As they got back to work after the Sunday nightclub massacre, TV's late-night hosts faced the challenge of how to acknowledge it.
As in past tragedies, the jokesters shifted gears. Several opened their shows with apologies for departing from their customary monologues, instead voicing shock and sorrow.
"The Daily Show" host Trevor Noah pointed out that President Barack Obama has hosted 12 state dinners but 16 mass-shooting addresses. Noah raised the possibility that, without reasonable gun control, Obama should begin preparing Speech No. 17.
"The Late Show" host Stephen Colbert bemoaned "a national script" that seems to guide a nonproductive response to shootings. He declared that love could help Americans change that script.
Conan O'Brien, while noting that he had made a career-long policy of keeping political opinions to himself, expressed bewilderment that anyone is allowed to buy a semi-automatic assault rifle. He said, "These are weapons of war and they have no place in civilian life."
The office of the U.N. human rights chief is decrying "insufficient gun control" in the United States and urging its leaders "to live up to its obligations to protect its citizens."
In the wake of a gunman's deadly attack on a Florida nightclub, Zeid Ra'ad al-Hussein criticized "irresponsible pro-gun propaganda" in the U.S. claiming that firearms make society safer, "when all evidence points to the contrary." He questioned the ease with which people in the U.S. can obtain firearms and assault weapons like one used in Sunday's attack.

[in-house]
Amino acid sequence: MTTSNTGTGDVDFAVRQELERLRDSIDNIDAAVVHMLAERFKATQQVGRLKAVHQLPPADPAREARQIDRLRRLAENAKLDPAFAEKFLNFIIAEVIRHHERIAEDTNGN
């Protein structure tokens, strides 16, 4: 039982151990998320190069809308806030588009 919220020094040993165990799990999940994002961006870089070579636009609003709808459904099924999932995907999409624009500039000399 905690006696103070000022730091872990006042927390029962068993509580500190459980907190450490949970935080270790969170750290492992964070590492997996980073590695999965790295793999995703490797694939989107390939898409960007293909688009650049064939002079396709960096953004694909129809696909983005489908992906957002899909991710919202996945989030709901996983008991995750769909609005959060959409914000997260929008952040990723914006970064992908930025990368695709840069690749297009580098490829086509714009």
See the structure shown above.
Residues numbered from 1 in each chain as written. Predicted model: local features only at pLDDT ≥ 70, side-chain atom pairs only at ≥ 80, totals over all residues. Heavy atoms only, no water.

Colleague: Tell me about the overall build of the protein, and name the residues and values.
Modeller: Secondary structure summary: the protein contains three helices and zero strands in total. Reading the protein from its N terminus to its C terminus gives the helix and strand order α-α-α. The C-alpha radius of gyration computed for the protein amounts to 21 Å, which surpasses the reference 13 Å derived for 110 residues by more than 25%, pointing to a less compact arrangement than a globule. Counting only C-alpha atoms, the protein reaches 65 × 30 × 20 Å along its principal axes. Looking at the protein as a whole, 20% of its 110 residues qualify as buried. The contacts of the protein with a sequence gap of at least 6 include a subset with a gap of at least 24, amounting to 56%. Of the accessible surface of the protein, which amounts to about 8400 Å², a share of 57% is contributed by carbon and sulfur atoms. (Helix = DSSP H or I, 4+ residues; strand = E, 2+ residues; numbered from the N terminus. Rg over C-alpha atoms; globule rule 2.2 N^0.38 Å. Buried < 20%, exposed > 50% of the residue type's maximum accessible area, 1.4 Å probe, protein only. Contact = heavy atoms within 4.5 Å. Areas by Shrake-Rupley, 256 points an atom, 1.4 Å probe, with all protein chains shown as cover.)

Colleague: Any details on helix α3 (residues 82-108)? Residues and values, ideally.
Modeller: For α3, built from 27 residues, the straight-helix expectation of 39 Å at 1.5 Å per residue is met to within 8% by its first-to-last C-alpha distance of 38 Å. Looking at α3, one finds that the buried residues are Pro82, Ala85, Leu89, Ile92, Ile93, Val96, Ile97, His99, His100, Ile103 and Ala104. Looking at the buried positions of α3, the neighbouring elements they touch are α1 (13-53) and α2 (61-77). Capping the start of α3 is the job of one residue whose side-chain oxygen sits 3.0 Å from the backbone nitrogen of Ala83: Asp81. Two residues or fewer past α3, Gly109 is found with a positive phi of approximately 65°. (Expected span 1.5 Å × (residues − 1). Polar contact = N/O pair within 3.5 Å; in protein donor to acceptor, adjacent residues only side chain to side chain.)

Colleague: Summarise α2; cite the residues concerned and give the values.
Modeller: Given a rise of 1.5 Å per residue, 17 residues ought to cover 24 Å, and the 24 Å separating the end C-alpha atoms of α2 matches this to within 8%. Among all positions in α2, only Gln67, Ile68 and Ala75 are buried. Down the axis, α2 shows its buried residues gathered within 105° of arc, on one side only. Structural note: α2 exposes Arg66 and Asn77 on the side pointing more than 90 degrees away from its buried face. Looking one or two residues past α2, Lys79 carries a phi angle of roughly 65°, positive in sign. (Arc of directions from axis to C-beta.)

Citing a U.N. report on firearms in April, Zeid pointed to examples of how control of firearms in many countries led to a "dramatic reduction in violent crime."
Office spokesman Rupert Colville told reporters Tuesday in Geneva: "The problem is the guns."
Jim Van Horn said he was a frequent patron at Orlando's Pulse night club. He said another "regular" at the Florida gay bar was Omar Mateen, the man whose shooting rampage left 49 dead and dozens more wounded early Sunday in the worst mass shooting in modern U.S. history.
Speaking to The Associated Press late Monday, 71-year-old Van Horn says he saw Mateen trying to pick up men at the club.
Van Horn said he met Mateen once. He said the younger man was telling him about his ex-wife.
Van Horn says some friends then called him away and told him they didn't want him talking to Mateen because "they thought he was a strange person."
Despite Mateen's pledge of support to the Islamic State, other possible explanations emerged, including questions of whether he was conflicted about his sexuality.
His ex-wife said he suffered from mental illness. And his Afghan-immigrant father suggested he may have acted out of anti-gay hatred.
Thousands in Orlando are mourning 49 people killed inside a gay nightclub as federal investigators examine possible motives for the gunman who committed the worst mass shooting in modern U.S. history.
The White House and the FBI said 29-year-old Omar Mateen, an American born Muslim, appears to be a "homegrown extremist" who had touted support not just for the Islamic State, but other radical groups that are its enemies.
Meanwhile, Mateen's ex-wife says he suffered from mental illness. And his Afghan-immigrant father says his son got angry recently about seeing two men kiss.
Meanwhile, thousands gathered Monday night in downtown Orlando for a vigil to support victims and survivors of the Pulse nightclub shooting on the lawn of Orlando's main performing arts venue.